15. Jan 16

OLG Hamm: Limits to interpretation of a will

To ensure that the “final wishes” laid down in a will can actually be implemented, they ought to be defined in the most detailed manner possible, as demonstrated by a ruling of the OLG Hamm (Higher Regional Court of Hamm) (Az.: 15 W 98/14).

GRP Rainer Lawyers and Tax Advisors in Cologne, Berlin, Bonn, Düsseldorf, Frankfurt, Hamburg, Munich, Stuttgart and London - www.grprainer.com/en conclude: Testamentary dispositions can be laid down in a will. The final will should be drawn up as clearly as possible to ensure that it can actually be implemented in accordance with the wishes of the testator, since there are limits to the interpretation of a will, as confirmed by the Oberlandesgericht Hamm.

In the instant case, the testator was in his second marriage, with two children from his divorced first marriage. He prepared a will in 2012. This provided that, following his death, the inheritance was to be dealt with in accordance with the “Berliner Testament” (Berlin will), including the remarriage clause. The will did not contain any further statements.

After his death, the wife took the view that she had been appointed the sole heir in the will and applied for a certificate of inheritance. The children opposed the application. They believed that the will did not leave any room for interpretation regarding the line of succession and also submitted an application for a certificate of inheritance. According to the rules of intestate succession, the wife ought to receive half of the estate and the children a quarter each.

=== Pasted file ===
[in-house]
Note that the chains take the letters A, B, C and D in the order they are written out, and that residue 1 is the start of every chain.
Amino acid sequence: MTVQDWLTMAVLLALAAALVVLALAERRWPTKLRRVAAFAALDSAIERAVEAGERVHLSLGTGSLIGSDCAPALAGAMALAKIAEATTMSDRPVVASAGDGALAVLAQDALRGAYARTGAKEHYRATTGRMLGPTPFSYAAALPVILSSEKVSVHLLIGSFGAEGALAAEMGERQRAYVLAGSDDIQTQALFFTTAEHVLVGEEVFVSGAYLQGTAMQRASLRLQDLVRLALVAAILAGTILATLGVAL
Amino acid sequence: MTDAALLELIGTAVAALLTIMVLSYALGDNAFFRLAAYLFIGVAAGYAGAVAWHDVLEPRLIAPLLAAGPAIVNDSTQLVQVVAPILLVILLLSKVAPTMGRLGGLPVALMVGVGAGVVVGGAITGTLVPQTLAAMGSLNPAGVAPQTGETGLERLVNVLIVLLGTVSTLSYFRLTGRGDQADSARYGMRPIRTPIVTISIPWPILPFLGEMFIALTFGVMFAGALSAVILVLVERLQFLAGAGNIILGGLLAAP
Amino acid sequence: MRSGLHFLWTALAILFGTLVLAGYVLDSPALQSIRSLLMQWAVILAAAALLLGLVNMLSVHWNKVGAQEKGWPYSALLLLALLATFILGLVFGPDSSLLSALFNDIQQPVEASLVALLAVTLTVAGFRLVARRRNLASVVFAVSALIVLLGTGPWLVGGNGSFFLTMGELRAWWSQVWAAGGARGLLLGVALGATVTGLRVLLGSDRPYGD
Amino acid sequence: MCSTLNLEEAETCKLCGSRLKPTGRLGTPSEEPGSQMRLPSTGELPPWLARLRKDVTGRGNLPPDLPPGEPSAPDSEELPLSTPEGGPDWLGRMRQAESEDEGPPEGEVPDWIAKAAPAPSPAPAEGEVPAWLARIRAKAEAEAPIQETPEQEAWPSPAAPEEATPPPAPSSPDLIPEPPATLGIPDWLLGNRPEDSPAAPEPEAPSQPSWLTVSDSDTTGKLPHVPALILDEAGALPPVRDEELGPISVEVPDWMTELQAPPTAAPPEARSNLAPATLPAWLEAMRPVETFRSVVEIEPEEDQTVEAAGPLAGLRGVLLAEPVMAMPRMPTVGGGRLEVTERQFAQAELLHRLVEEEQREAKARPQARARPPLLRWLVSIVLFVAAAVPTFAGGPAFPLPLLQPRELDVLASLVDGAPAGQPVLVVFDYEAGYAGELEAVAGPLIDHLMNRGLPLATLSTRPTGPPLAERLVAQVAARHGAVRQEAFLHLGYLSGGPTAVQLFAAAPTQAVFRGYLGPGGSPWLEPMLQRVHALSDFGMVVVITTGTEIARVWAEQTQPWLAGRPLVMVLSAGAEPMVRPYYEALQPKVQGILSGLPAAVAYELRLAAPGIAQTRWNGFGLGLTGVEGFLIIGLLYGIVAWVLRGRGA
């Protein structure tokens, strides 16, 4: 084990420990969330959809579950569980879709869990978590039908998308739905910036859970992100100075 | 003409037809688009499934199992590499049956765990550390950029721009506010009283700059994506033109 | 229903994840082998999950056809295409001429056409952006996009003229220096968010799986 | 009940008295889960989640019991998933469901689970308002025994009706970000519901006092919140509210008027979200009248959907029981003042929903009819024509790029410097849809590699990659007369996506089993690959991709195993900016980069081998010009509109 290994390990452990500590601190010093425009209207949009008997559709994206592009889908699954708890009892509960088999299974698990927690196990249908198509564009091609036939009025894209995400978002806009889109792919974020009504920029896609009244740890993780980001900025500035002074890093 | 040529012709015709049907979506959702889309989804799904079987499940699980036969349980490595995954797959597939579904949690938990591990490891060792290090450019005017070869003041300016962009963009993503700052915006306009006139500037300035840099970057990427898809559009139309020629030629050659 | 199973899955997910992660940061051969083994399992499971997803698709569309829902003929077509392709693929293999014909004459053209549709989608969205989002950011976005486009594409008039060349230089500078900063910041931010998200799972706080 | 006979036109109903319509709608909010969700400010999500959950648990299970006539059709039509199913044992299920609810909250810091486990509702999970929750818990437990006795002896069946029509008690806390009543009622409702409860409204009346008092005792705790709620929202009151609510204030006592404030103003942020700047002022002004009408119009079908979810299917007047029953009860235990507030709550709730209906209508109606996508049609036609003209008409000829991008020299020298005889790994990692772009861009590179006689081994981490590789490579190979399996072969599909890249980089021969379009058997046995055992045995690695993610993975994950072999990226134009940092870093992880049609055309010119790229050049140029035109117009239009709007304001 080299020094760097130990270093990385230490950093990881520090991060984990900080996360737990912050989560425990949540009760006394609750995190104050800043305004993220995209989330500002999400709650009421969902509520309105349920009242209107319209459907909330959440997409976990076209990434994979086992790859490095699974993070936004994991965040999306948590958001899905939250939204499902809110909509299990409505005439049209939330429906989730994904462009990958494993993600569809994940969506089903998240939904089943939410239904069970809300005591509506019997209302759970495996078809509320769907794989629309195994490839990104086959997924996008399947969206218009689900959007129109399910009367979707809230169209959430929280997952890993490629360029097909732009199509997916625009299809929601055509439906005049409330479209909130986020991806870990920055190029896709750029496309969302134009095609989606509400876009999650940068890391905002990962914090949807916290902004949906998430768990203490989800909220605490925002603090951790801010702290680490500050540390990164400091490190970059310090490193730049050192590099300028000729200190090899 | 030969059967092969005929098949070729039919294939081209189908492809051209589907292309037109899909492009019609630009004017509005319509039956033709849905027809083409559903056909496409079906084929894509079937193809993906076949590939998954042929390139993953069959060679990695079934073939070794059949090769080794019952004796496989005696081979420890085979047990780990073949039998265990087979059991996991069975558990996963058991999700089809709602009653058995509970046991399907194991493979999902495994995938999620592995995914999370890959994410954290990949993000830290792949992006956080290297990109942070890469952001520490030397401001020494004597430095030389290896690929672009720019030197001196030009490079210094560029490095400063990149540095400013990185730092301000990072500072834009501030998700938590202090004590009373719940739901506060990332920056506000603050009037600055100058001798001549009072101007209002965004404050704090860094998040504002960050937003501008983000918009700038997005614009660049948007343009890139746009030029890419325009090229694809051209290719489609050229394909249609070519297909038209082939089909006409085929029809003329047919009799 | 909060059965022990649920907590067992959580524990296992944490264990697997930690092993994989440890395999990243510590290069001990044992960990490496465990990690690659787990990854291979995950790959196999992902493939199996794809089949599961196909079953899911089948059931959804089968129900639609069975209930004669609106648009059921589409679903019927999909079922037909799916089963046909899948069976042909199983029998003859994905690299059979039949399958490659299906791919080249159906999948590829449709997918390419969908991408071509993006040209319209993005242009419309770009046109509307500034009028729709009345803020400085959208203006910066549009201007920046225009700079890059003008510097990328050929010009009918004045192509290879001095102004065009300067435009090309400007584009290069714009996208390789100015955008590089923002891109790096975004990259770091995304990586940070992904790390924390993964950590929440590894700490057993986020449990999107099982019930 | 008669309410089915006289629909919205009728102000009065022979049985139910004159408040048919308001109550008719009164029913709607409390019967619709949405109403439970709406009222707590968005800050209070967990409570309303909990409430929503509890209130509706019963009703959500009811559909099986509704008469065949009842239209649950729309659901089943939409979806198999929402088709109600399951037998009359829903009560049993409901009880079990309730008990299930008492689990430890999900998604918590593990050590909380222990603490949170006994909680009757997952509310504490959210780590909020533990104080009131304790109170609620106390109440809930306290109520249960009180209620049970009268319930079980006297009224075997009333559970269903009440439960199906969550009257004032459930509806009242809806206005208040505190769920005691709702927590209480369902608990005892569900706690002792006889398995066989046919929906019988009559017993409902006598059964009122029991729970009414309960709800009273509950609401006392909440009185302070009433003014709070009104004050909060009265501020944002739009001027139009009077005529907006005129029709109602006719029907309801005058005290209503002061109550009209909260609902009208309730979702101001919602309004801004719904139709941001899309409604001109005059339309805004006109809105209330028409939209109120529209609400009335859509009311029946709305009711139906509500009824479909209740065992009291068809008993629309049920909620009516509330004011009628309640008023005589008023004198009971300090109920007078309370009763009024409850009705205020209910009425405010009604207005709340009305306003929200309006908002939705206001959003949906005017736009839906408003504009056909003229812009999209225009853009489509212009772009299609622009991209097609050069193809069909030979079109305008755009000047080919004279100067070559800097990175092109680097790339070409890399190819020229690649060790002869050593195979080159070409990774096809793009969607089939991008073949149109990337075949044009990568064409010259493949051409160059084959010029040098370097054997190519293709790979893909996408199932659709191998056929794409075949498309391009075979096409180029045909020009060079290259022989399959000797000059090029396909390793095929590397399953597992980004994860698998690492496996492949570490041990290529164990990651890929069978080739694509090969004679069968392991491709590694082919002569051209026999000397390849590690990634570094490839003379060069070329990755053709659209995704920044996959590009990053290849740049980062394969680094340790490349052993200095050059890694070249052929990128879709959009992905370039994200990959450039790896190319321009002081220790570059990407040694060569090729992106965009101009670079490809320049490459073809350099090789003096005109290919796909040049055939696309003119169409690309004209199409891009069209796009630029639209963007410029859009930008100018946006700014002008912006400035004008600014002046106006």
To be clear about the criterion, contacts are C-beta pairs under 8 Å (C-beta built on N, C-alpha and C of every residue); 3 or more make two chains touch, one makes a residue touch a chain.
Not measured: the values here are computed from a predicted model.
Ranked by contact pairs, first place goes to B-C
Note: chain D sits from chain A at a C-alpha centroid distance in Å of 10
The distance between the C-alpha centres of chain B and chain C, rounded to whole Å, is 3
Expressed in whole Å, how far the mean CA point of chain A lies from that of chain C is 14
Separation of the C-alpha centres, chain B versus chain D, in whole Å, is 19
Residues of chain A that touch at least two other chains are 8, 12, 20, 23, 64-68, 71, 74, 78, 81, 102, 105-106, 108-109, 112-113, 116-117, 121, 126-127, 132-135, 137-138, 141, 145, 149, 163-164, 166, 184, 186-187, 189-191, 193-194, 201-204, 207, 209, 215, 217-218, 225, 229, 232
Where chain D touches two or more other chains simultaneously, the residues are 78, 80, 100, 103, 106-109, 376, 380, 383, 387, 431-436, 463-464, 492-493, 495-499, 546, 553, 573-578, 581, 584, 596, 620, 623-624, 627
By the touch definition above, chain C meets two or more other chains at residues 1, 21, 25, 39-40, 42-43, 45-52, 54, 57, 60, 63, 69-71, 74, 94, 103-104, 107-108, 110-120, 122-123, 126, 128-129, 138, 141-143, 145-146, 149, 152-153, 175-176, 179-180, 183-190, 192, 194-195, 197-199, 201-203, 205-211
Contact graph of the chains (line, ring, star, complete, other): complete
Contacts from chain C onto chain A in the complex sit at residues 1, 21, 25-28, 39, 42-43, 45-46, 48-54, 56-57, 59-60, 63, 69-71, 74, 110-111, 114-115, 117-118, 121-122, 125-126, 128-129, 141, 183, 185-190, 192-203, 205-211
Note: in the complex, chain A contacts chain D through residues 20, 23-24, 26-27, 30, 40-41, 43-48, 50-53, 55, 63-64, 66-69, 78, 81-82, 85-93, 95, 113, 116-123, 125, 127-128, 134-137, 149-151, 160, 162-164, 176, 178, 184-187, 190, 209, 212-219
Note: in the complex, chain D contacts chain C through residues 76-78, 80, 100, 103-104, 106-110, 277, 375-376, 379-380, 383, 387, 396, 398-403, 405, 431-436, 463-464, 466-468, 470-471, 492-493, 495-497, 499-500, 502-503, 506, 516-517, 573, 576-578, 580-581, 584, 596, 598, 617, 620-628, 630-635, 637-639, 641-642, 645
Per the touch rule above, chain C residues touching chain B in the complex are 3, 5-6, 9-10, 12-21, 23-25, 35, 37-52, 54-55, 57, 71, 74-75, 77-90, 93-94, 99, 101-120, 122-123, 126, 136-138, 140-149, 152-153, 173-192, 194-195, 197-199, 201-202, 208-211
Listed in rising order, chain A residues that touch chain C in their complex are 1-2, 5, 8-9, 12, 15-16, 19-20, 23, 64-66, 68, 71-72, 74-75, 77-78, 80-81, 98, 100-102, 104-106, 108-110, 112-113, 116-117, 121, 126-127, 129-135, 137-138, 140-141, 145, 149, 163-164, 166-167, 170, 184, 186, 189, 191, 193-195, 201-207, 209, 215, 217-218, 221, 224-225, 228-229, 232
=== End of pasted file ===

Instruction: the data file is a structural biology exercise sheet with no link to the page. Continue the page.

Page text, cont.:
Like the probate court before it, the OLG Hamm held that the wife had not been designated as the sole heir. The Court stated that neither did the will explicitly appoint the wife as the sole heir, nor was it possible to construe the testamentary disposition as such by interpreting the will. The real wishes of the testator need to be determined when interpreting a will. These were found to be impossible to ascertain in the present case; it could not be established what the testator meant by a “Berliner Testament” and he was also clearly unaware that Berliner Testaments cannot be drawn up unilaterally. Moreover, it was not possible to identify whom he wished to appoint as his heir(s) according to the OLG.

Those who want to ensure that a testamentary disposition is in fact implemented can consult lawyers who are versed in the field of succession law when drafting a will.

For more informations: https://www.grprainer.com/en/legal-advice/private-clients/law-of-succession/last-will-and-testament.html

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